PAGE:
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In Re: Chellakani Sahib and anr. - Court Judgment

LegalCrystal Citation
Subject criminal
CourtChennai
Decided On
Reported inAIR1945Mad105
AppellantIn Re: Chellakani Sahib and anr.
Excerpt:
- - 4, it was clearly established that the house was a common gaming house......found gaming or present for the purpose of gaming in a common gaining house and for a room to be a common gaming house within the meaning of section 3, madras gaming act, the cards, dice, or other instruments of gaming must be kept or used for the profit or gain of the person owning or occupying the room. section 6 provides that if a warrant has been issued under section 5, the cards, dice or other instruments of gaming found at the place shall be evidence that such place is used as a common gaming house. in the present case the bench magistrates do not seem to have drawn the presumption referred to in section 6. after referring to an argument stressed for the defence that the sub-magistrate did not issue a separate warrant under section 5, gaming act, they say that no doubt that is.....
Judgment:
ORDER

Happell, J.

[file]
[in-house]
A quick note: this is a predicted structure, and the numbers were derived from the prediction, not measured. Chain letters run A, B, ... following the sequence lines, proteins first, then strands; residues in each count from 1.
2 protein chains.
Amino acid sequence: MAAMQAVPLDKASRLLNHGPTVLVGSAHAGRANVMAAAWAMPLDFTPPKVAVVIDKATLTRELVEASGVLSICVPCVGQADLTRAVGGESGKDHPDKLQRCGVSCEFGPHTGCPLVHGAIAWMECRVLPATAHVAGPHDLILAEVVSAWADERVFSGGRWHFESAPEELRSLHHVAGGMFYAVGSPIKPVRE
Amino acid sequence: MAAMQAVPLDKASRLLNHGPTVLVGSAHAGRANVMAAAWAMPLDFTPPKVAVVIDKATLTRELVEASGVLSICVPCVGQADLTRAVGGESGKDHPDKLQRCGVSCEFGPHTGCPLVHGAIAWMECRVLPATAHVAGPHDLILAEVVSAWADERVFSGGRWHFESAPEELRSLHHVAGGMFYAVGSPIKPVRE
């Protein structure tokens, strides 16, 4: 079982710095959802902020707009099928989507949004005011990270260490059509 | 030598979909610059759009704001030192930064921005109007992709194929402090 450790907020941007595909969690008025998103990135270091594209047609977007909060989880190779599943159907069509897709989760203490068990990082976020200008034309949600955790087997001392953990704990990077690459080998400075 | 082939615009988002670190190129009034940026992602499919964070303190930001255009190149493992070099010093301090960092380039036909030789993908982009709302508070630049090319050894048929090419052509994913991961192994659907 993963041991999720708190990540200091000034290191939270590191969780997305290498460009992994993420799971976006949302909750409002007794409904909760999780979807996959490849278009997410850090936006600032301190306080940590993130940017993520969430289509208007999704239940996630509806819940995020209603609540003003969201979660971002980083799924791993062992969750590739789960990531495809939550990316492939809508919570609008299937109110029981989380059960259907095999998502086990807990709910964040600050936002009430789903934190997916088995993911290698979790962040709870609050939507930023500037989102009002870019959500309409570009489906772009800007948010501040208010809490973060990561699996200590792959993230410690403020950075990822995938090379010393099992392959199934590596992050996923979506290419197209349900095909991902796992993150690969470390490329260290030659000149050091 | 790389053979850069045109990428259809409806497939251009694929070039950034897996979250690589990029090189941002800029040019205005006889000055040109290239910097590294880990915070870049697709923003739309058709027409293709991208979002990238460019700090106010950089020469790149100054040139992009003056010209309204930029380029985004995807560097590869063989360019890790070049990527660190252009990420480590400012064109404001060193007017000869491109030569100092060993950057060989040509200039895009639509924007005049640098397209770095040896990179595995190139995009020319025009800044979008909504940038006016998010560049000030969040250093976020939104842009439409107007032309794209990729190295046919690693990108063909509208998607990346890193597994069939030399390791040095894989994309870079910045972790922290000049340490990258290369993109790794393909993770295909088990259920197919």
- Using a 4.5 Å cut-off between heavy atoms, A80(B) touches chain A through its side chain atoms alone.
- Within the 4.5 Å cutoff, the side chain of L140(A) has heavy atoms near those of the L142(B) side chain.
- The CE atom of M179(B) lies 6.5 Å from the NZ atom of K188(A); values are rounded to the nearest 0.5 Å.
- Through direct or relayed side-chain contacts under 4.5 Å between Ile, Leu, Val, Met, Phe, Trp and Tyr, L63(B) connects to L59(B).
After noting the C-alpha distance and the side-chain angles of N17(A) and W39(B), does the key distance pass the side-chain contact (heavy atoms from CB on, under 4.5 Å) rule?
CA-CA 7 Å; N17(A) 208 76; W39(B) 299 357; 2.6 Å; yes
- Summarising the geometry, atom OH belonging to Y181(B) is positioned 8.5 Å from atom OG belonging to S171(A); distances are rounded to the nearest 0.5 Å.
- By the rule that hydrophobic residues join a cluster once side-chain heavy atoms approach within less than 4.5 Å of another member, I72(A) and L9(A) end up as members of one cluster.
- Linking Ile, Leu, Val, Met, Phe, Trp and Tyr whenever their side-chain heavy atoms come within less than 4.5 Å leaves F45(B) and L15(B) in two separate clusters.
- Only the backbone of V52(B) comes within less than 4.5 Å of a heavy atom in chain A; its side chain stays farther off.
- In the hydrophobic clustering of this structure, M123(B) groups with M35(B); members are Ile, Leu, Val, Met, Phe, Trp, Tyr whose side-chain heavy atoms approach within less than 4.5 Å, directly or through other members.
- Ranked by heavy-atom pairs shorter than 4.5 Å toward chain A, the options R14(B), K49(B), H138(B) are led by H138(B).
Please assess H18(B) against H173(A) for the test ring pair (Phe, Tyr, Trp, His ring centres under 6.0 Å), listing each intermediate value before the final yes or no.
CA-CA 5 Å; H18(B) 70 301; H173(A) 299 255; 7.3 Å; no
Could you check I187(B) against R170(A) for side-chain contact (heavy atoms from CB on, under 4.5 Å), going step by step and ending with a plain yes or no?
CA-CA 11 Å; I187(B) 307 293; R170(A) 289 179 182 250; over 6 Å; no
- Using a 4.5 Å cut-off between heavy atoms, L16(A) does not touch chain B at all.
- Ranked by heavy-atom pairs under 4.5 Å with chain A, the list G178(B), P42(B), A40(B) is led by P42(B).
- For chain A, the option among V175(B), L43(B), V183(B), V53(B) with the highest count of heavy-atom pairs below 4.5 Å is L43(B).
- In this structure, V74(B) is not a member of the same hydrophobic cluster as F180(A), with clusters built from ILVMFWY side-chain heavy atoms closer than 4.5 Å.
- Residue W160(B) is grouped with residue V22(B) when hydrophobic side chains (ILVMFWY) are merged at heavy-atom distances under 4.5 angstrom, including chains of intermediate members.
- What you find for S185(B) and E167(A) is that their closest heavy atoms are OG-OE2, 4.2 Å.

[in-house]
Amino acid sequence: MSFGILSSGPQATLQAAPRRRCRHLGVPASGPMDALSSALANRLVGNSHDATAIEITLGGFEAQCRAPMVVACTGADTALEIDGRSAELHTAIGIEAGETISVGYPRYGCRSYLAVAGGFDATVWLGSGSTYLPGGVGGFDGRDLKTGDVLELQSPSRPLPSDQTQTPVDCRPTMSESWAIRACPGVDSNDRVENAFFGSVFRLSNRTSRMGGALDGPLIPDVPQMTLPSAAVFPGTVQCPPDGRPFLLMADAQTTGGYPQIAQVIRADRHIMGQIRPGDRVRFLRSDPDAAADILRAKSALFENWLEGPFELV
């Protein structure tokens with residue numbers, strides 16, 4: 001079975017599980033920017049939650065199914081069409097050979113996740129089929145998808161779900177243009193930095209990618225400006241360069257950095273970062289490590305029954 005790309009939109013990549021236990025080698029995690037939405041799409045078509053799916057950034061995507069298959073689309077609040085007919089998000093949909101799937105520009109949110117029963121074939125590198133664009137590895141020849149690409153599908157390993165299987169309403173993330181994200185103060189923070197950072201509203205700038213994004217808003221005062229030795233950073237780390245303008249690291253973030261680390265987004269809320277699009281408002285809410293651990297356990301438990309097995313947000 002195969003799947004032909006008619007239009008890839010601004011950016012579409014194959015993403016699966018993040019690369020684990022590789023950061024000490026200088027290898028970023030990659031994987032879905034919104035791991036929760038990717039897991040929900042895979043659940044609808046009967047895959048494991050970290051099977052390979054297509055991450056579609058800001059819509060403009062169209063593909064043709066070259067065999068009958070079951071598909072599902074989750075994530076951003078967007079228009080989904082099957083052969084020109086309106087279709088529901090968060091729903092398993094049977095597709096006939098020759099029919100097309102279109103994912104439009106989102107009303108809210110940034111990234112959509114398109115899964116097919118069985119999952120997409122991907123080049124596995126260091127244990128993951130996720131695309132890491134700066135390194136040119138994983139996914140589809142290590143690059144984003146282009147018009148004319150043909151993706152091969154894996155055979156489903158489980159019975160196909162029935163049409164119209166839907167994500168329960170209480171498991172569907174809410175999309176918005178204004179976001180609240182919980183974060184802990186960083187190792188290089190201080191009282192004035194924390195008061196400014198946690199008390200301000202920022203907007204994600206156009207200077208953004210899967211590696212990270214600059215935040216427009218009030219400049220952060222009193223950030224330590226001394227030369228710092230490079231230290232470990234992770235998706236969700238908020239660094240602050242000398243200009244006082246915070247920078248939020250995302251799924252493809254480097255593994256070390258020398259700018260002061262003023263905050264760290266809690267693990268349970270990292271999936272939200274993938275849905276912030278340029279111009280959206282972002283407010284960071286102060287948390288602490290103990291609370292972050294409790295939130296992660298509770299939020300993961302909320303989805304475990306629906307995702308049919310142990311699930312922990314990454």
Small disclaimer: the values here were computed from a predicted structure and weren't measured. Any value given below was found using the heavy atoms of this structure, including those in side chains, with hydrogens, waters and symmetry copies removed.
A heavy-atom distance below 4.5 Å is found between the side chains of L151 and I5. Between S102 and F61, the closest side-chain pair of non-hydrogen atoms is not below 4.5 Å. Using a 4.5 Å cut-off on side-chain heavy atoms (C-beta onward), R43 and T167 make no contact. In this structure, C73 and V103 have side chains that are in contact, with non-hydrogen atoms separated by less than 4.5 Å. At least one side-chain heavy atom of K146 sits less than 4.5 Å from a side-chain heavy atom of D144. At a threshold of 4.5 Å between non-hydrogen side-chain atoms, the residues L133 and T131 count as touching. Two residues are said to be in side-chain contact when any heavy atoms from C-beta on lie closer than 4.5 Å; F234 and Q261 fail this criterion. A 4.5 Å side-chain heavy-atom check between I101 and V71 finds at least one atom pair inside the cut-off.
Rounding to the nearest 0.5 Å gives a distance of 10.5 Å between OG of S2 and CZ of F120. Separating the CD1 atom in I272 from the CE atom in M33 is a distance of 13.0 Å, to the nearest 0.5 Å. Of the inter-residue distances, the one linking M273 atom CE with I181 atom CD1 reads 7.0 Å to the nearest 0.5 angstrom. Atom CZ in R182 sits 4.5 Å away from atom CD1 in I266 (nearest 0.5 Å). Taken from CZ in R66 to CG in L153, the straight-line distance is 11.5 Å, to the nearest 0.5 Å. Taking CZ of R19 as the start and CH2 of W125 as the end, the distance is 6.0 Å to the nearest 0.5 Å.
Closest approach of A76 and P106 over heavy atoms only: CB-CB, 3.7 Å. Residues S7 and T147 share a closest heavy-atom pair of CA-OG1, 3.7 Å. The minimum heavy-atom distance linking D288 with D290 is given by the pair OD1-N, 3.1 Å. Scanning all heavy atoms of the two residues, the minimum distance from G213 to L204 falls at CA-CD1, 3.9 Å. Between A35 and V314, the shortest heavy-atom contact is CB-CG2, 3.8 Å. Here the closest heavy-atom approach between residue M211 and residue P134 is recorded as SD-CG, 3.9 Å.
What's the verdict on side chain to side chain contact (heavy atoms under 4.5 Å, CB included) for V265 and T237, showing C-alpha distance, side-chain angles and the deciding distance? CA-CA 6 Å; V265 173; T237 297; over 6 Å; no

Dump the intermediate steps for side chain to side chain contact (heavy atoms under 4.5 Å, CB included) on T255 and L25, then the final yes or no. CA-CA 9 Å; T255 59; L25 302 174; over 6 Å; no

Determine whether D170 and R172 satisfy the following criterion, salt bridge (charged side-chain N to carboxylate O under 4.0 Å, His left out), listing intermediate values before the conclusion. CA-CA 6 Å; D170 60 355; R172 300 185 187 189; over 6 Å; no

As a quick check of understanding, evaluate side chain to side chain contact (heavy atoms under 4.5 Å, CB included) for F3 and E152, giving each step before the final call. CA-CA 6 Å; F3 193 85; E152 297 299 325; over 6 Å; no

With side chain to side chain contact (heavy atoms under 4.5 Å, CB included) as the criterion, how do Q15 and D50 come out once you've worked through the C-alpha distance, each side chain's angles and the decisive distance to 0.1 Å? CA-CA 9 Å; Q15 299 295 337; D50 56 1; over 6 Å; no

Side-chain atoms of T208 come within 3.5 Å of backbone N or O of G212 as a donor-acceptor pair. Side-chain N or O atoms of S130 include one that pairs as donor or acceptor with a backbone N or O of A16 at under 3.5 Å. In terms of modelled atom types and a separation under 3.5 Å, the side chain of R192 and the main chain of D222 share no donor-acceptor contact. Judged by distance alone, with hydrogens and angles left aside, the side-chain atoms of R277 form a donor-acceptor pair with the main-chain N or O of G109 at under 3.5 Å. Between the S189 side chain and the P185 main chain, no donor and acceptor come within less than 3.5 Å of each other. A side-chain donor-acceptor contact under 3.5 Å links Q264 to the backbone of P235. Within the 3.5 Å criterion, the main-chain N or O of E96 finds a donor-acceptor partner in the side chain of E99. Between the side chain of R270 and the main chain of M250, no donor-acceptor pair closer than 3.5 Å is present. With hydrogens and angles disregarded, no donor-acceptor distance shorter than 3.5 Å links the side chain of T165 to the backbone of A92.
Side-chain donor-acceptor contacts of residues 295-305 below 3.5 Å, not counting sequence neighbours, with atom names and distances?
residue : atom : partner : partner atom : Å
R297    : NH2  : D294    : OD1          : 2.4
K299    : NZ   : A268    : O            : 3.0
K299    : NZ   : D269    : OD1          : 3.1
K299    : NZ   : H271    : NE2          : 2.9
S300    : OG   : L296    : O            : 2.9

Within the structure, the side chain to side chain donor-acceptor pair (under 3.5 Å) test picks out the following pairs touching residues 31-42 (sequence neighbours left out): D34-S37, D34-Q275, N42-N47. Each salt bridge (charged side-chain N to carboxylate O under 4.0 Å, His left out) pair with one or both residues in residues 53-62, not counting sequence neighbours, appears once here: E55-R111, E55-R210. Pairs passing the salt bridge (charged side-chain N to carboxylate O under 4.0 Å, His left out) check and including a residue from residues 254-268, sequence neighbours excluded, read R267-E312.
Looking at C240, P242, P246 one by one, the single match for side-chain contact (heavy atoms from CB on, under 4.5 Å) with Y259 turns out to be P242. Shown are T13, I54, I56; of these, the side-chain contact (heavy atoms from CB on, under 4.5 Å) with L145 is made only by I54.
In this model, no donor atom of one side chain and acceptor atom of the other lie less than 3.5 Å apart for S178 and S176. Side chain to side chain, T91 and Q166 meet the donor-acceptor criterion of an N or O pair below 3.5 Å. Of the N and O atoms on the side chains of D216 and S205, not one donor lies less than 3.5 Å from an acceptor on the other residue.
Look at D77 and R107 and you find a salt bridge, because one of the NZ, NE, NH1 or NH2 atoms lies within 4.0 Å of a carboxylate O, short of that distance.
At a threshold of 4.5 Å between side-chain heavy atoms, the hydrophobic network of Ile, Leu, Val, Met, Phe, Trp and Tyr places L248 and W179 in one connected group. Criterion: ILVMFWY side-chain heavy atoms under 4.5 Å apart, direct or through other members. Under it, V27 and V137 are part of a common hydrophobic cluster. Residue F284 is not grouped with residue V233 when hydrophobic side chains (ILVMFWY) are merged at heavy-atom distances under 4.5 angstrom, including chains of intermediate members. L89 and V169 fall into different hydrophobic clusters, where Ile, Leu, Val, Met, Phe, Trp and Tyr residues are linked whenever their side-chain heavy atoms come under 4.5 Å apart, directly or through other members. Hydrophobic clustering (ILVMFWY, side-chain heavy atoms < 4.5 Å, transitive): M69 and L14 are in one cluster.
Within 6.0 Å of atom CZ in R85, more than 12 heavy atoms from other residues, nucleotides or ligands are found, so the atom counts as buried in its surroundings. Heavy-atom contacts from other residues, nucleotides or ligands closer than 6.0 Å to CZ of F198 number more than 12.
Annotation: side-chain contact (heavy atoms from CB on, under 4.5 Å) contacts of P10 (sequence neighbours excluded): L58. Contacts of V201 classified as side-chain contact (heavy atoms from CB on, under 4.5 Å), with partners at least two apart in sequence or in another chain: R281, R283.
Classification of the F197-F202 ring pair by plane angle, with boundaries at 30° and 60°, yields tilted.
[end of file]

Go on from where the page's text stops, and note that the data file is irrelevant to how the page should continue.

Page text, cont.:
1. The petitioner has been convicted of an offence Under Section 9, Madras Gaming Act and sentenced to a fine of Rs. 10 and to seven days' simple imprisonment in default of payment. In my opinion, the conviction cannot be sustained. It may be conceded that the petitioner was found with others playing cards for money in a room belonging to a dancing girl. For an offence Under Section 9 to be completed, however, the accused person must have been found gaming or present for the purpose of gaming in a common gaining house and for a room to be a common gaming house within the meaning of Section 3, Madras Gaming Act, the cards, dice, or other instruments of gaming must be kept or used for the profit or gain of the person owning or occupying the room. Section 6 provides that if a warrant has been issued Under Section 5, the cards, dice or other instruments of gaming found at the place shall be evidence that such place is used as a common gaming house. In the present case the Bench Magistrates do not seem to have drawn the presumption referred to in Section 6. After referring to an argument stressed for the defence that the Sub-Magistrate did not issue a separate warrant Under Section 5, Gaming Act, they say that no doubt that is true, but then go on to say that, in consideration of the specific evidence of P. Ws. 1 to 3 and the evidence of P.W. 4, it was clearly established that the house was a common gaming house. In my opinion, the evidence of these witnesses does not establish that the room was a common gaming house since in the absence of the presumption Under Section 6 the evidence does not prove that the instruments of gaming were being kept for the profit or gain of the person owning the room. Moreover, it seems to me clear that the Magistrates, although I do not agree with their appreciation of the evidence, were right in not relying on the presumption that in appropriate circumstances may be drawn Under Section 6. All that the Sub-Magistrate has done in this case, as appears from Ex. A is to write 'permitted' on the side of an application for permission to search the premises concerned in this case by the Sub-Inspector of Police. Under Section 5 the Magistrate must have reason to believe that a place is used as a gaming house before the warrant referred to in Section 5 is issued; and Ex. A affords no guarantee that in the present case the Magistrate applied his mind to the question and so had reason to believe that a warrant should be issued. The conviction is therefore set aside and the appeal is allowed. The fine, if paid, will be refunded.


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